I think as game scholars and students we may, to some extent, be sheltered from some of the worst realities of the neoliberal university (particularly in Quebec, where the game industry is booming and social support structures, thanks to a history of popular struggle, have still not been completely eroded). In June I attended the annual Canadian Game Studies Association (CGSA) Conference, along with a large number of other students and professors from the Mlab and TAG. Partway through we had a meet-and-greet for new members, and the room was completely packed. As the organizers noted, this was the largest CGSA to date, and the sense of excitement and congeniality as people discovered their peers, some possibly for the first time, was almost tangible. At the same time, given the current state of academia and of the game industry, I can’t help but wonder, “How long will this last”? How long will the boom years go on for, before the inevitable bust? What does it mean to be part of a growing field when the building is collapsing around us and the rugs are being pulled out from under our feet? Are we participating in a vast charade, trying to act as if we have long, productive, and fulfilling careers ahead of us when many if not all of us know that this is not the case?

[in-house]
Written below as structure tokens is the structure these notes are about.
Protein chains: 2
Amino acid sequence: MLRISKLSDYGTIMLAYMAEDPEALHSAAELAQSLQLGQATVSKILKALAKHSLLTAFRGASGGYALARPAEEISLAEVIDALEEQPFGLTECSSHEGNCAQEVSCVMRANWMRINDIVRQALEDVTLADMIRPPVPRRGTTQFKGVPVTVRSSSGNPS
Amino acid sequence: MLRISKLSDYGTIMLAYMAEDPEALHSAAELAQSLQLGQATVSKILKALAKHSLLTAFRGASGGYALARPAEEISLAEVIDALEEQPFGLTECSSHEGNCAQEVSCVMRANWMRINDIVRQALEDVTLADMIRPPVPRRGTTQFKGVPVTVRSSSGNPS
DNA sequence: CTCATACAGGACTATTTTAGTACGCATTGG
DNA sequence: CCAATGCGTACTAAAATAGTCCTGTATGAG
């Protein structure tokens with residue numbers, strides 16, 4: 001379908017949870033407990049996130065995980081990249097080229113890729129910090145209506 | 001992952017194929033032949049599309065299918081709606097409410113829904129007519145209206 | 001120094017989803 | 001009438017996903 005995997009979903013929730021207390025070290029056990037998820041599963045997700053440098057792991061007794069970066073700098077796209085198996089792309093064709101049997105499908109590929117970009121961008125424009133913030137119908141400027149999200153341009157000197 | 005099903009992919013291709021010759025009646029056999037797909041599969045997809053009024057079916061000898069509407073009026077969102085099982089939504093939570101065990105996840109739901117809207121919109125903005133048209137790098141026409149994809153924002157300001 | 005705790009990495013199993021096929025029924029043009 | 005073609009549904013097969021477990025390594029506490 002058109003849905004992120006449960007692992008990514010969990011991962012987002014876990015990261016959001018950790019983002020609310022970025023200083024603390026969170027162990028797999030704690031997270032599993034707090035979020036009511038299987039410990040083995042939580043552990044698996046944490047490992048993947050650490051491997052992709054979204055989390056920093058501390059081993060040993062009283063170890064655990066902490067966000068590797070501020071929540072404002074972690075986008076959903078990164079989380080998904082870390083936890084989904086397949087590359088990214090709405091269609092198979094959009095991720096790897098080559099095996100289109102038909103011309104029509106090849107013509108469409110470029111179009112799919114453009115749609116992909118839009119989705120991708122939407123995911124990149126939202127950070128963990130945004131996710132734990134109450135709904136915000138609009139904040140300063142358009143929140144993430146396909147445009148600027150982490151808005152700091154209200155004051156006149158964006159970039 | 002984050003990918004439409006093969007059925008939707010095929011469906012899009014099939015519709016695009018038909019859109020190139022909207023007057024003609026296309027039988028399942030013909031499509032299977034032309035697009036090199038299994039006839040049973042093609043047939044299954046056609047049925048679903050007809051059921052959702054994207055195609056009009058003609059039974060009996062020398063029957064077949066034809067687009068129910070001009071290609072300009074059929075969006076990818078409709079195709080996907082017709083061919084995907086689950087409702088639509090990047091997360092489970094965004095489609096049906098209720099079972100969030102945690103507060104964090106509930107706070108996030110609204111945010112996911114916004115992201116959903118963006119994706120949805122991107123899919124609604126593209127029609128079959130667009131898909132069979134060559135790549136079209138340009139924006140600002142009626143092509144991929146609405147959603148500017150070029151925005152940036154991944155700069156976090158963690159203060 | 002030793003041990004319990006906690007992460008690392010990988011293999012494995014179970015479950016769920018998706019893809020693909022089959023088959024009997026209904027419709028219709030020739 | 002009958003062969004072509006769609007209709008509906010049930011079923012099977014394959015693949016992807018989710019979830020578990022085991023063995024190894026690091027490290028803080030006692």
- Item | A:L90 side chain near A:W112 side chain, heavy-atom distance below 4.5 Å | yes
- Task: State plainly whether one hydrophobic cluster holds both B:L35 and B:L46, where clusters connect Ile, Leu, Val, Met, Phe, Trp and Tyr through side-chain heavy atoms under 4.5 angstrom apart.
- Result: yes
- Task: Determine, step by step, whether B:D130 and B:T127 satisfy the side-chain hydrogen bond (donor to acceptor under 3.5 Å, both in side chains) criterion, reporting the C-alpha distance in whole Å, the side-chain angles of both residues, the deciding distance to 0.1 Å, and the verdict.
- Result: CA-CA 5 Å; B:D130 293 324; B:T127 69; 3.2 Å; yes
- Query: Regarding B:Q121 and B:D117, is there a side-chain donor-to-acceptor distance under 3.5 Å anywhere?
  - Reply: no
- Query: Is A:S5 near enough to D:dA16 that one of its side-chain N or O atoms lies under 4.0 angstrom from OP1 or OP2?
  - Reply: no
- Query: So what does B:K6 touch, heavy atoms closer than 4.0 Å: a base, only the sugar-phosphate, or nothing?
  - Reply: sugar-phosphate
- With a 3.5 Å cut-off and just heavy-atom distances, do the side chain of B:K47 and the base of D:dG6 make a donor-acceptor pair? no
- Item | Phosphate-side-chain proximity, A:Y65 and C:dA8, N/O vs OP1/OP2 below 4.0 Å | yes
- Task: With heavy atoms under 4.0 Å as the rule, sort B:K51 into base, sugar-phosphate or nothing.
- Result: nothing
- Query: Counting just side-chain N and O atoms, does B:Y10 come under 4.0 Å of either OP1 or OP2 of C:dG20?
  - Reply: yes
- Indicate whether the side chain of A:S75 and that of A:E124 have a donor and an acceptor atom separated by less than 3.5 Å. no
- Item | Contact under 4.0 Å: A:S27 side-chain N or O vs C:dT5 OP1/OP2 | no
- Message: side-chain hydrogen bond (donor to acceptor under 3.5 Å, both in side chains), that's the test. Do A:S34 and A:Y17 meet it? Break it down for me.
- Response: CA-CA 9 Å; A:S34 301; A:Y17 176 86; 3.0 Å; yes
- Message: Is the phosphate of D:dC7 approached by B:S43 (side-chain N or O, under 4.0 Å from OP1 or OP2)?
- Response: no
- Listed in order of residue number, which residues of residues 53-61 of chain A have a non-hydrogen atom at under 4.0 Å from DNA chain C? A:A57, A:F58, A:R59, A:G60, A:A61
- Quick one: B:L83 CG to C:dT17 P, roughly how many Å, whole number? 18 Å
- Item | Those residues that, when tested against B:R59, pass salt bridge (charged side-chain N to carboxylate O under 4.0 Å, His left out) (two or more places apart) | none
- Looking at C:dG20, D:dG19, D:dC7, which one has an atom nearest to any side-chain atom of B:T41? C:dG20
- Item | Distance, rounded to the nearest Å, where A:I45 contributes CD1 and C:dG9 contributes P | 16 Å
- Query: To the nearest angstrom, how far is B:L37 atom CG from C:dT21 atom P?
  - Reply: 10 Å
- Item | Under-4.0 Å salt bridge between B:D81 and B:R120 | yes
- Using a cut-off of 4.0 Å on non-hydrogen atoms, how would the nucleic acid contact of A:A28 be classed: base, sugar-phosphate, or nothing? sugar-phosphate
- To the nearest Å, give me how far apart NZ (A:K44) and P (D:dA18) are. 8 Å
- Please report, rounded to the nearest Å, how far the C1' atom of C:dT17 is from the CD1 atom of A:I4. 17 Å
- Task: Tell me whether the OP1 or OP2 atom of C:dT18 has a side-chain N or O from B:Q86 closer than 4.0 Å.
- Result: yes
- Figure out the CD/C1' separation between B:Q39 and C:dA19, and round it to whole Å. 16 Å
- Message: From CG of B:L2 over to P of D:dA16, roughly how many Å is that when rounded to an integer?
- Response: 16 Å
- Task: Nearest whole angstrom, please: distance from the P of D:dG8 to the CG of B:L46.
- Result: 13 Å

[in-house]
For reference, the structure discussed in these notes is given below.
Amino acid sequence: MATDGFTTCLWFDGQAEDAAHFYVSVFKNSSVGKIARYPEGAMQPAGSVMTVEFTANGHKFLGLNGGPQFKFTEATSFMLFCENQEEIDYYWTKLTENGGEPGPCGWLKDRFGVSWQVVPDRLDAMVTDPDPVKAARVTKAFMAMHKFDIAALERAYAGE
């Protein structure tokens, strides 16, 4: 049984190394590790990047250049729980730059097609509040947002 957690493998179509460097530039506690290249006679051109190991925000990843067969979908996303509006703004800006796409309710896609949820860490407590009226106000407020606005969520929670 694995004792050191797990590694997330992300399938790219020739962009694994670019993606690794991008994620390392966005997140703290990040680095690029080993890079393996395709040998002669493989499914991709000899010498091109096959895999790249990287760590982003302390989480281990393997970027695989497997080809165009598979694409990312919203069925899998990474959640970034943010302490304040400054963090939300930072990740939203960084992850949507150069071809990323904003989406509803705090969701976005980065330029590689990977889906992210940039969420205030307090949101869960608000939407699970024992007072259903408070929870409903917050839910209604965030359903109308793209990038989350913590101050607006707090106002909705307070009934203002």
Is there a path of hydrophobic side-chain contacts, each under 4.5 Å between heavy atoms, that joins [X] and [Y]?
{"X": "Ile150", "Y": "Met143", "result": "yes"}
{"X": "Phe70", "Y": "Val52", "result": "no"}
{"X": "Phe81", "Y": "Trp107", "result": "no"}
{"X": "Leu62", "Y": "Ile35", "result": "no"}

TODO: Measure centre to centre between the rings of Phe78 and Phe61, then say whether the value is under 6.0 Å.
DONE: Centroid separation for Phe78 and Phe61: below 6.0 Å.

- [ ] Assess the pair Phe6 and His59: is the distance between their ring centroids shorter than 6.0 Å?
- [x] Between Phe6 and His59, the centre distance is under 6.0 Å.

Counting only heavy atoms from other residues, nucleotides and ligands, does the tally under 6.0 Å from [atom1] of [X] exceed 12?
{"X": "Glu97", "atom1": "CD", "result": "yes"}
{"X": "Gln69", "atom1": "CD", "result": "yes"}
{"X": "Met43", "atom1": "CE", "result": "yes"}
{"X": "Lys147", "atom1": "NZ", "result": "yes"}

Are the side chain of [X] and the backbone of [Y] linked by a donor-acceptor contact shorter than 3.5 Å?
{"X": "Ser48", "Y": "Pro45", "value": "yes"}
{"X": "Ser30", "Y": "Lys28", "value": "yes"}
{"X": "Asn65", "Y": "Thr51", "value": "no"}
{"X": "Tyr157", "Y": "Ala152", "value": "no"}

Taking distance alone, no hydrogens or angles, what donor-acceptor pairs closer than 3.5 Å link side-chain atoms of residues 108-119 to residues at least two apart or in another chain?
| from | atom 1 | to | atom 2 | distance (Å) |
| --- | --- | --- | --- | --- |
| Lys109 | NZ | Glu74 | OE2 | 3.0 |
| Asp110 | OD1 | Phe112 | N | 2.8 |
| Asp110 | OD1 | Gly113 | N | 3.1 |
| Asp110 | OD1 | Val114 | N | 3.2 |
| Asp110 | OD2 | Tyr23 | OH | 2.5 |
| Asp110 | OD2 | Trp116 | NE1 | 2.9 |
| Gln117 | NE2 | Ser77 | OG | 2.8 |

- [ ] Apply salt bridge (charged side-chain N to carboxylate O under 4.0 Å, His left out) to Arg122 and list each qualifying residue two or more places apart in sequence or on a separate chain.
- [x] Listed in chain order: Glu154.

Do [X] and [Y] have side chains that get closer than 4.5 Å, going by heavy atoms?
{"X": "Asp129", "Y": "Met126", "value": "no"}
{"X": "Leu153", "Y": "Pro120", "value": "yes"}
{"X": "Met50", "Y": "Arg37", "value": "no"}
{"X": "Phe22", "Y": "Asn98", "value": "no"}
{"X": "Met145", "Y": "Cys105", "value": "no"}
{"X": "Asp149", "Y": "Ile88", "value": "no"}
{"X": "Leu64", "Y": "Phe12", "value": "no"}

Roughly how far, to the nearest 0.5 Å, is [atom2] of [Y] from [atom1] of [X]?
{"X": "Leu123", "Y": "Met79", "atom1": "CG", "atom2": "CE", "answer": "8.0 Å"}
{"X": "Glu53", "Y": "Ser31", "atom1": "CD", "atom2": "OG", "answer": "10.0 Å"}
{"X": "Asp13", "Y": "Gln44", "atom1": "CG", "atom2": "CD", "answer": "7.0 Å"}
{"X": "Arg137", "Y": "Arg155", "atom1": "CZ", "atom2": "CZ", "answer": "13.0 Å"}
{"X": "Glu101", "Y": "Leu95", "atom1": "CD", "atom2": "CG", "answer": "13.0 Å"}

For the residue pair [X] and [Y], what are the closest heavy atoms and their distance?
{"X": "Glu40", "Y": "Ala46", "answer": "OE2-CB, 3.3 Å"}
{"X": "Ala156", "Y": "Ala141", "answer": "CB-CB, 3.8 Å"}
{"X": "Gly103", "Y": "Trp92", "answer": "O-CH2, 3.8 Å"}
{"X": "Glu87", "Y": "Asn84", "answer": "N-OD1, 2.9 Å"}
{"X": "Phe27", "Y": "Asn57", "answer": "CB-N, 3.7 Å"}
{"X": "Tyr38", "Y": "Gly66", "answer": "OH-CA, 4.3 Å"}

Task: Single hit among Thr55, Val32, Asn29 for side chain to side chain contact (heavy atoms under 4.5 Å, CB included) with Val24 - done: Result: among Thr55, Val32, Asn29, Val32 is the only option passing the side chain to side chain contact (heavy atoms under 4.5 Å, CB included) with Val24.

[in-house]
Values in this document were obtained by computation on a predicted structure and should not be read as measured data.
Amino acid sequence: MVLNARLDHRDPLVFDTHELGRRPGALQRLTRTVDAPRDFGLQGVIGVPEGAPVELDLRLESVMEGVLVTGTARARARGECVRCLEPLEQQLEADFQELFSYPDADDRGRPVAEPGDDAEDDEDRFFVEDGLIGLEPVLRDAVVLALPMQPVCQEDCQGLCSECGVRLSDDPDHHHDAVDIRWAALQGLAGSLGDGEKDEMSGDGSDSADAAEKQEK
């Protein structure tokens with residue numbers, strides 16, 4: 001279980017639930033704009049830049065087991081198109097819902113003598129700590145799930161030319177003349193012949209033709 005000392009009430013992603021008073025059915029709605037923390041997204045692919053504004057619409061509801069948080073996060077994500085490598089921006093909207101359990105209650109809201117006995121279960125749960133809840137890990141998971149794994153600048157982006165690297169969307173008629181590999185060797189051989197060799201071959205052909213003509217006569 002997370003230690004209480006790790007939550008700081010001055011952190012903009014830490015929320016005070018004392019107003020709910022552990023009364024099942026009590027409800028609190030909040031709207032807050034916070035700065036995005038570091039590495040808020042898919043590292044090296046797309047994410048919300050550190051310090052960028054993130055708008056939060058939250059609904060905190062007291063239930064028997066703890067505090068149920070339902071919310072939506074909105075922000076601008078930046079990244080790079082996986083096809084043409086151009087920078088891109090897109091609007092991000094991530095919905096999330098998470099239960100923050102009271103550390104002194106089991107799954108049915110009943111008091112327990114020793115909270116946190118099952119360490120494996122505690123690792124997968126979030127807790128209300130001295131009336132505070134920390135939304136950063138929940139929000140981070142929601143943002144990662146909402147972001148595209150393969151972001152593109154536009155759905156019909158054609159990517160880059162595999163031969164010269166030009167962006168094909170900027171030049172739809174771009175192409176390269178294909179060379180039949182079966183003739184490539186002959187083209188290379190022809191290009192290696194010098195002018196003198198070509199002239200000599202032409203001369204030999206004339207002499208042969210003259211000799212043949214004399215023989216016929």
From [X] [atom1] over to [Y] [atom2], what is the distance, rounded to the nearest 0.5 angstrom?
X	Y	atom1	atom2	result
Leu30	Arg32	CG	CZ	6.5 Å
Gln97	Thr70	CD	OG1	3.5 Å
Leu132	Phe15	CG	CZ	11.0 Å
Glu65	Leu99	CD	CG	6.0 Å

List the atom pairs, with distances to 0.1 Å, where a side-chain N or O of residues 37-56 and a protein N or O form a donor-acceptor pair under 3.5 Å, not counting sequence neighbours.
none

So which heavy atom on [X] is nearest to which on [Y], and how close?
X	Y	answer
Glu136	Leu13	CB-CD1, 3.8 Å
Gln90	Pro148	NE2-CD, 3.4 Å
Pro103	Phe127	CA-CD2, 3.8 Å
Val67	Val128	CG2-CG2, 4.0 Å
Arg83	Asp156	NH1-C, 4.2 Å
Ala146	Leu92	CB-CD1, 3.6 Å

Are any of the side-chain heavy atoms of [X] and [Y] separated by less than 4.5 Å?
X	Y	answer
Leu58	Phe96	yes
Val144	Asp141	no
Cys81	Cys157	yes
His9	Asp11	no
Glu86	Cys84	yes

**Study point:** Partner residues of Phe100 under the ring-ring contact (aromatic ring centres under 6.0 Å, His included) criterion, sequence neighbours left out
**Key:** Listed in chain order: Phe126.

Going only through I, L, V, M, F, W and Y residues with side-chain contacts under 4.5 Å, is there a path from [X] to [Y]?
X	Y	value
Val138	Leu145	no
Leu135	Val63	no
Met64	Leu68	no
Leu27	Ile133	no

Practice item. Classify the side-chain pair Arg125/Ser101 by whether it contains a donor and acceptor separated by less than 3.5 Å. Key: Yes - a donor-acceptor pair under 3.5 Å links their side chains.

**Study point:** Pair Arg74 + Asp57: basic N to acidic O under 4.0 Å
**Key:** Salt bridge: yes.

Earlier today I read a short blog post by Liz Morrish called “A Feminist Leaves Neoliberal U.” In it, she states “In the speeded up university, with its distorted constructions of academic ‘productivity’, schedules are crafted to eliminate the necessary practices of caretaking.” In response to this, and other concerns, many of the people who participate in and value this type of work are leaving. However getting out may not be an option for everyone, and as the author points out, those who remain are often left more isolated and vulnerable as a result of the exit of critical voices. Thus the support networks that are devalued and undermined on the one hand are becoming all the more necessary on the other. So what do we do? Do we abandon ship, or do we try to keep sailing and ignore the fact that people are being swept overboard on a regular basis? Do we count on existing institutions to save us, or do we search out new possibilities? What would an alternative to the neoliberal university look like, and how do we get there?